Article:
The Equal Employment Opportunity Commission (EEOC) recently issued its first enforcement guidance on pregnancy discrimination since 1983.  The new guidance was approved by a 3-to-2 vote of commissioners.   The dissenting commissioners issued public statements questioning the majority’s decision to issue the guidance without first making it available for public comment, criticizing the majority’s interpretation of the law, and questioning the timing of the enforcement guidance given that the United States Supreme Court is scheduled to address issues covered in the guidance next term in Young v. United Parcel Service, Inc.  

Though the EEOC guidance addresses a number of Pregnancy Discrimination Act (PDA) related topics, two of the more controversial positions taken by the EEOC within the guidance are: 1) that all pregnant employees are entitled to reasonable accommodations under the Americans with Disabilities Act (ADA), regardless of whether the pregnancy-related impairment at issue is a “disability” under the law; and 2) employers must provide light duty to pregnant workers if light duty is provided to non-pregnant workers “similar in their ability or inability to work.”

THE PDA AND ADA

The guidance provides a general overview of the fundamental Pregnancy Discrimination Act of 1978 requirements that: (1) an employer may not discriminate against an employee on the basis of pregnancy, childbirth, or related medical conditions; and (2) women affected by pregnancy, childbirth, or related medical conditions be treated the same as other persons not so affected but similar in their ability to do work. 

In its guidance, the EEOC takes the position that while pregnancy itself is not a disability under the ADA, the requirements of the PDA include that all pregnant workers are entitled to a “reasonable accommodation” as defined by the ADA.  The guidance specifically states, “[A]n employer is obligated to treat a pregnant employee temporarily unable to perform the functions of her job the same as it treats other employees similarly unable to perform their jobs, whether by providing modified tasks, alternative assignments, leave, or fringe benefits.”  Under this interpretation, all women affected by pregnancy, childbirth, or related medical conditions must be provided equal access to the same leave and fringe benefits as other employees who are similar in their ability or inability to work.  As such, employers could be expected to provide reasonable accommodations to impairments related to pregnancy regardless of whether such impairments meet the definition of “disability” under the ADA and its 2008 amendments.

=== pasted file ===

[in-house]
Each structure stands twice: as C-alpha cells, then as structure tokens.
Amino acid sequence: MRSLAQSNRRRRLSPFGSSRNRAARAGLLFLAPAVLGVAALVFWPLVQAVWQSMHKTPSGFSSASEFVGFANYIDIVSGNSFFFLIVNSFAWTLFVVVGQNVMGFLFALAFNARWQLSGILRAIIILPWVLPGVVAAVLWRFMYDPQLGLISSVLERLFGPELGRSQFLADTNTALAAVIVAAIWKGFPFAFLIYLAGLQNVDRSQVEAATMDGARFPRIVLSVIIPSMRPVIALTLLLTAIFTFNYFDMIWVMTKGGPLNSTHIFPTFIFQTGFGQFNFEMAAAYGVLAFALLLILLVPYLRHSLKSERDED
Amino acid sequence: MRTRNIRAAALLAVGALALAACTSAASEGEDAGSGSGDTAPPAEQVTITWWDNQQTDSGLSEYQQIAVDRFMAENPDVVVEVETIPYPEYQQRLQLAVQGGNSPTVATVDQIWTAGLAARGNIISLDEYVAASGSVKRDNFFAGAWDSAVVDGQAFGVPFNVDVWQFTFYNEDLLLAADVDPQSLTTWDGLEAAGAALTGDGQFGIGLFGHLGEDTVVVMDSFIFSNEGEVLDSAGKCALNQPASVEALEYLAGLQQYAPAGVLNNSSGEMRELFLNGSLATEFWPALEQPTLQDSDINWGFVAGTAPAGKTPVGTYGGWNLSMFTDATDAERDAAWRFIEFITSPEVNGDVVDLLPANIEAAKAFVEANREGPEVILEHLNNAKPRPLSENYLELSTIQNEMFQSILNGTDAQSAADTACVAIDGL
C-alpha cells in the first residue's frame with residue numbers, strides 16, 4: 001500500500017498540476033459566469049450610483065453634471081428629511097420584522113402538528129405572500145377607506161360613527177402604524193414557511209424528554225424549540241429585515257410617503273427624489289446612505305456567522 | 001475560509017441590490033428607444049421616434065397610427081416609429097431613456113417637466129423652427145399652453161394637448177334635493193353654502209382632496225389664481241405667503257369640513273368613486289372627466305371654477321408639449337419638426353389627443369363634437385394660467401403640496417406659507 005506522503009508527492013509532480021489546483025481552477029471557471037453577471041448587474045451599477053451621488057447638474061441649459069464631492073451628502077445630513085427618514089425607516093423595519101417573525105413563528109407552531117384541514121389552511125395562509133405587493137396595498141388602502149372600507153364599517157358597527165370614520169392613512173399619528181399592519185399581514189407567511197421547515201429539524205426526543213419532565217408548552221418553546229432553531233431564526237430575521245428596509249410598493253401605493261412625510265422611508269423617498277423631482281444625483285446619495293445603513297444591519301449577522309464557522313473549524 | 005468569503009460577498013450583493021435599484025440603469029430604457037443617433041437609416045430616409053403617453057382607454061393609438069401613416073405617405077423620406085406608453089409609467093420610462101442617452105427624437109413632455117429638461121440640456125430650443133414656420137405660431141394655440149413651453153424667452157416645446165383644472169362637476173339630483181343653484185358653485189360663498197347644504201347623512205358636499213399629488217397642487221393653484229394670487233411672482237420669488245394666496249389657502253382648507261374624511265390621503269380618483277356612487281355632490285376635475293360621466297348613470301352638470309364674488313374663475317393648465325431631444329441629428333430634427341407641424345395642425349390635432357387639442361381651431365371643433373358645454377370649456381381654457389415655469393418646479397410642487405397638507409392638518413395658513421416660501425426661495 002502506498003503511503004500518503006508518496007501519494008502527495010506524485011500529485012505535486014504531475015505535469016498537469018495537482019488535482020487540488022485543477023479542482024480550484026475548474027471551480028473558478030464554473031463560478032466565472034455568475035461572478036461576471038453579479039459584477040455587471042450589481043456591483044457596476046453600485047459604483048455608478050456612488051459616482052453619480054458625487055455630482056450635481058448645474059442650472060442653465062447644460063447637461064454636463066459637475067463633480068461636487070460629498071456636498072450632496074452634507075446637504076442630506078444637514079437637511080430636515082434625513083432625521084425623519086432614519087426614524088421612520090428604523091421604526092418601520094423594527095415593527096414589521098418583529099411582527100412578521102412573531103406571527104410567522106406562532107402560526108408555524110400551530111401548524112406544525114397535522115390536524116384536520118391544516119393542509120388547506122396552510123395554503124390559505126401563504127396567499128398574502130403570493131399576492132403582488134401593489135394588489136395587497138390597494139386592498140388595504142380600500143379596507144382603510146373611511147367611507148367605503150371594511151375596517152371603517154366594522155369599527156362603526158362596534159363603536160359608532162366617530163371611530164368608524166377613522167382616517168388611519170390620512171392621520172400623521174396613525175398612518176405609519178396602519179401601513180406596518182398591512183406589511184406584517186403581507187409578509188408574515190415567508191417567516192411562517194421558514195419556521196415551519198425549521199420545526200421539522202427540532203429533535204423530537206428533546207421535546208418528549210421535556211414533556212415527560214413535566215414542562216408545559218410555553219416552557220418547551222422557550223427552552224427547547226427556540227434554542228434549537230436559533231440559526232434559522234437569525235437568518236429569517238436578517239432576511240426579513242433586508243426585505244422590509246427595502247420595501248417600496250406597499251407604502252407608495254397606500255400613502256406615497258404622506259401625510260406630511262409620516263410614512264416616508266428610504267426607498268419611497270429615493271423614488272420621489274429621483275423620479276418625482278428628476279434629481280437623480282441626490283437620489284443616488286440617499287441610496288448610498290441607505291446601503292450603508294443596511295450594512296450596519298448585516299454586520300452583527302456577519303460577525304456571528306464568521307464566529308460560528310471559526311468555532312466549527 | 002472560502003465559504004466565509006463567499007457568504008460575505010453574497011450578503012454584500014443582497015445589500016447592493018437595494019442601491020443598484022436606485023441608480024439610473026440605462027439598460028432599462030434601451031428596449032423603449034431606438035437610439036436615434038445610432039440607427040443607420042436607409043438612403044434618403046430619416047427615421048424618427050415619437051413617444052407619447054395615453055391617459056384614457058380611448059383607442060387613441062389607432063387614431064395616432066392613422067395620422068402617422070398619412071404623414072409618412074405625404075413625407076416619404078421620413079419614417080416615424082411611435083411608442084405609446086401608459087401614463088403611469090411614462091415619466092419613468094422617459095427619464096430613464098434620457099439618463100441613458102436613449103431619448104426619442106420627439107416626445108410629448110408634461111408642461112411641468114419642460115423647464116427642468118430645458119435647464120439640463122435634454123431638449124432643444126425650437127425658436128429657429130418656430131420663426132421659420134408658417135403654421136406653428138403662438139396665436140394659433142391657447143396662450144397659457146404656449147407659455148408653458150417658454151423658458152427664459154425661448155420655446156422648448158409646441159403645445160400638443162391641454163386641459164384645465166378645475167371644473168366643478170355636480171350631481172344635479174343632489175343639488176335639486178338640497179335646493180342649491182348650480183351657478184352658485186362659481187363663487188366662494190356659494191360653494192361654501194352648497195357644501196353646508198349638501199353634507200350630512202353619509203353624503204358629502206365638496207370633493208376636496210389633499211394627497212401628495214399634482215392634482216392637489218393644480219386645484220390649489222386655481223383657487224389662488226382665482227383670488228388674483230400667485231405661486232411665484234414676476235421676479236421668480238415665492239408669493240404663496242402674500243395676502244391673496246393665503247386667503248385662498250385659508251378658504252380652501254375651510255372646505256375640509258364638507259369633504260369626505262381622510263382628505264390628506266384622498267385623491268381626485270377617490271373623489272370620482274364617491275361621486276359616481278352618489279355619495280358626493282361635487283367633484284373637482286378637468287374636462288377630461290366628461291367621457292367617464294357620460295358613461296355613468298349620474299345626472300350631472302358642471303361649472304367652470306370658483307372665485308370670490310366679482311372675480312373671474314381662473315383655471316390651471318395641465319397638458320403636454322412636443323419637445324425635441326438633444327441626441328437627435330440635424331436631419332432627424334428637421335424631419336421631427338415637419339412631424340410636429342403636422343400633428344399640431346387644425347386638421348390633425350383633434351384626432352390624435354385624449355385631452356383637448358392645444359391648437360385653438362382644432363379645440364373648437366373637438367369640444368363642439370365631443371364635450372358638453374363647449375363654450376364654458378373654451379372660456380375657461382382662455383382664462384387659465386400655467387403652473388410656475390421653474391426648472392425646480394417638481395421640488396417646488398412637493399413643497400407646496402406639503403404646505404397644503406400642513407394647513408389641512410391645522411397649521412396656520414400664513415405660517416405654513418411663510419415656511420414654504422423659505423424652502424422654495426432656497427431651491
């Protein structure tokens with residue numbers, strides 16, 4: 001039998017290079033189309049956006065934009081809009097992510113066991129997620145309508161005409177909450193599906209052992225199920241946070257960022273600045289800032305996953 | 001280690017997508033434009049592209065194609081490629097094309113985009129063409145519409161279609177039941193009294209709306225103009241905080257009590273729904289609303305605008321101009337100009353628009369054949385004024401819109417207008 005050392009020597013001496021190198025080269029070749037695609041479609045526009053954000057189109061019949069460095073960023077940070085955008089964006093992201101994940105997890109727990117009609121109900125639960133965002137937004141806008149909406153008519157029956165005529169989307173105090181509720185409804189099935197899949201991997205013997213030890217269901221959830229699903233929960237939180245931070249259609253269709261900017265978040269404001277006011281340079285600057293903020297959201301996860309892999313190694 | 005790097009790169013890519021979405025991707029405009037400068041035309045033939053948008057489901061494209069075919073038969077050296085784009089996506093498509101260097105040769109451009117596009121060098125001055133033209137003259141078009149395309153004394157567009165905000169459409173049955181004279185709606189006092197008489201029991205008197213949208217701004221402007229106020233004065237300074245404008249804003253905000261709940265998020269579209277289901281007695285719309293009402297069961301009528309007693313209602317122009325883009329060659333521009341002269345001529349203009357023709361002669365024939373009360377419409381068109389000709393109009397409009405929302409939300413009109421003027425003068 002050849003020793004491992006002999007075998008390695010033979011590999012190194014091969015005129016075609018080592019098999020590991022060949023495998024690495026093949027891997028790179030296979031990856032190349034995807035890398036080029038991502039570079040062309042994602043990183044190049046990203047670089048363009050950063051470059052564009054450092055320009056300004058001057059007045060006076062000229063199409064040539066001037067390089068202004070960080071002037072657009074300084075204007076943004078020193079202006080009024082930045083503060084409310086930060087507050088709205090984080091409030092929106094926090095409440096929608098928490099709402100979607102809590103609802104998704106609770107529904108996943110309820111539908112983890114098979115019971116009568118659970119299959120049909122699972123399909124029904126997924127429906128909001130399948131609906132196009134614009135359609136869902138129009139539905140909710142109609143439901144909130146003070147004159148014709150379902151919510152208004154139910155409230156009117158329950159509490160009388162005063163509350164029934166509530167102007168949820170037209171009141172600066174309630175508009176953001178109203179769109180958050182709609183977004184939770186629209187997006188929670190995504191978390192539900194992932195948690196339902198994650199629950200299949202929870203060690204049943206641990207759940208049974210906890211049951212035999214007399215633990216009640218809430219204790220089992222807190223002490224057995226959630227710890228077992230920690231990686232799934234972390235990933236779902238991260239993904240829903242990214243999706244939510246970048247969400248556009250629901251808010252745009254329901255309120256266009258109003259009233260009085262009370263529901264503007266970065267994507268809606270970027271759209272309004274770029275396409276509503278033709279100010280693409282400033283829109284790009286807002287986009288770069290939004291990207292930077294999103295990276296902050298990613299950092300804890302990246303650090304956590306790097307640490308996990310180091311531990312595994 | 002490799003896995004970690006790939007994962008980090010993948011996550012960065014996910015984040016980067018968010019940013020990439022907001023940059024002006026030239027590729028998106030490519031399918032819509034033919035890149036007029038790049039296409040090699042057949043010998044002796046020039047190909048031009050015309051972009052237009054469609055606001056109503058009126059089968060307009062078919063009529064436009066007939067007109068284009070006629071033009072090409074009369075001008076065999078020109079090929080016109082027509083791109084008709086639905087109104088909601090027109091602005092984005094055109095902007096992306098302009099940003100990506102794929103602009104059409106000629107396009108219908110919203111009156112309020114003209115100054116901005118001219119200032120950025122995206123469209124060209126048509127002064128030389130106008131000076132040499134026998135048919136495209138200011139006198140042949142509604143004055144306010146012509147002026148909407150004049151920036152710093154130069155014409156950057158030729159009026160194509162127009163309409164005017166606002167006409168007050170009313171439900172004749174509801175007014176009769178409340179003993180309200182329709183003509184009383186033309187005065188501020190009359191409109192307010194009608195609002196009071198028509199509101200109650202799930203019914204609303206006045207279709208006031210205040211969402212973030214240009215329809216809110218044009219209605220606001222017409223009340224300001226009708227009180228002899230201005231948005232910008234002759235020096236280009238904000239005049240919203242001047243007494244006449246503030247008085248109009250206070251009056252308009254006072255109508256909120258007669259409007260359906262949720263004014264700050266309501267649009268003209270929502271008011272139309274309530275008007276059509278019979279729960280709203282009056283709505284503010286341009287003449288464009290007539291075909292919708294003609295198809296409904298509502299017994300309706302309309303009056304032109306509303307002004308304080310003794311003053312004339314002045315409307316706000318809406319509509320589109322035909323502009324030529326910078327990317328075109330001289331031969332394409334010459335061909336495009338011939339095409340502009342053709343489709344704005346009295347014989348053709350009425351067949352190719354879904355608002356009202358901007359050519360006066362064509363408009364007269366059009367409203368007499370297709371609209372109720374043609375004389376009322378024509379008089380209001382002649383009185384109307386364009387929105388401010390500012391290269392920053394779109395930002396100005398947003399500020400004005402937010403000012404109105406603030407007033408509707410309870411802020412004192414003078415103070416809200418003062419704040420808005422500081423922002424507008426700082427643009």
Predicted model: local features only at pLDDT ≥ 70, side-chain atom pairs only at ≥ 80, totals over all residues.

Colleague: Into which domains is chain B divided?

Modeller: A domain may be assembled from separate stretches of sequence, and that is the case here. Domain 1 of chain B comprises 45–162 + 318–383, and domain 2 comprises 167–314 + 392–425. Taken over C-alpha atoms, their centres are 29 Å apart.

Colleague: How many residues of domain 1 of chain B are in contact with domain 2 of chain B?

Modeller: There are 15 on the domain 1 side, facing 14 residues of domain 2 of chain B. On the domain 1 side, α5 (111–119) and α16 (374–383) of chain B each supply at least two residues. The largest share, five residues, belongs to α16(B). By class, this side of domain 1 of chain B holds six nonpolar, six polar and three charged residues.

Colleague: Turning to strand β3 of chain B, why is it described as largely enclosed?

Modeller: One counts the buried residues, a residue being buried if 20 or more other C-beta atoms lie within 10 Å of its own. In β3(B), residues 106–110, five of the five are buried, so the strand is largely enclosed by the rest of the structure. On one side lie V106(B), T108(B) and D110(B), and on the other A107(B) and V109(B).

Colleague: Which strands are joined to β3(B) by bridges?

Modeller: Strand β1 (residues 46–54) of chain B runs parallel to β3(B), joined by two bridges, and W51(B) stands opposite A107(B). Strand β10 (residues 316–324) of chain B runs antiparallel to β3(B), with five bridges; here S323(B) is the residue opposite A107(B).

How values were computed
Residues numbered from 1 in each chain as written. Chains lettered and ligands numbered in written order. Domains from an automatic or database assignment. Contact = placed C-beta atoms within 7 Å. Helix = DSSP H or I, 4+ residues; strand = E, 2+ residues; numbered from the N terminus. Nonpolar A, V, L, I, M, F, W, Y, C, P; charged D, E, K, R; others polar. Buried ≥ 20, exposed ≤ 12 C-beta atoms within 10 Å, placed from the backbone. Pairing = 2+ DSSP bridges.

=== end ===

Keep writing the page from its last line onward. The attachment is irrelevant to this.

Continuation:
LIGHT DUTY REQUIREMENTS

The EEOC’s guidance also impacts how employers apply light duty policies under the PDA.  According to the guidance, an employer violates the PDA if it denies a pregnant employee light duty while providing light duty to employees who are similarly unable to perform their jobs.  For example, if an employer has a light duty policy that covers employees injured on the job, the policy must also cover pregnant employees similarly unable to perform their work.  The EEOC’s position directly contradicts current federal law and is an entirely new interpretation of the PDA.  Notably, these issues are exactly those that will be before the Supreme Court next term.

IMPLICATIONS FOR EMPLOYERS

It is important to point out that though the EEOC guidance does not have the force and effect of law, the EEOC will apply the positions outlined in the guidance to conduct its investigations until these issues are determined otherwise.  Employers should pay attention to the Supreme Court’s upcoming decision inYoung v. United Parcel Service, Inc. (Vorys will issue a Client Alert) and should review their policies related to pregnancy, leaves of absence and accommodations to ensure compliance with the PDA and ADA.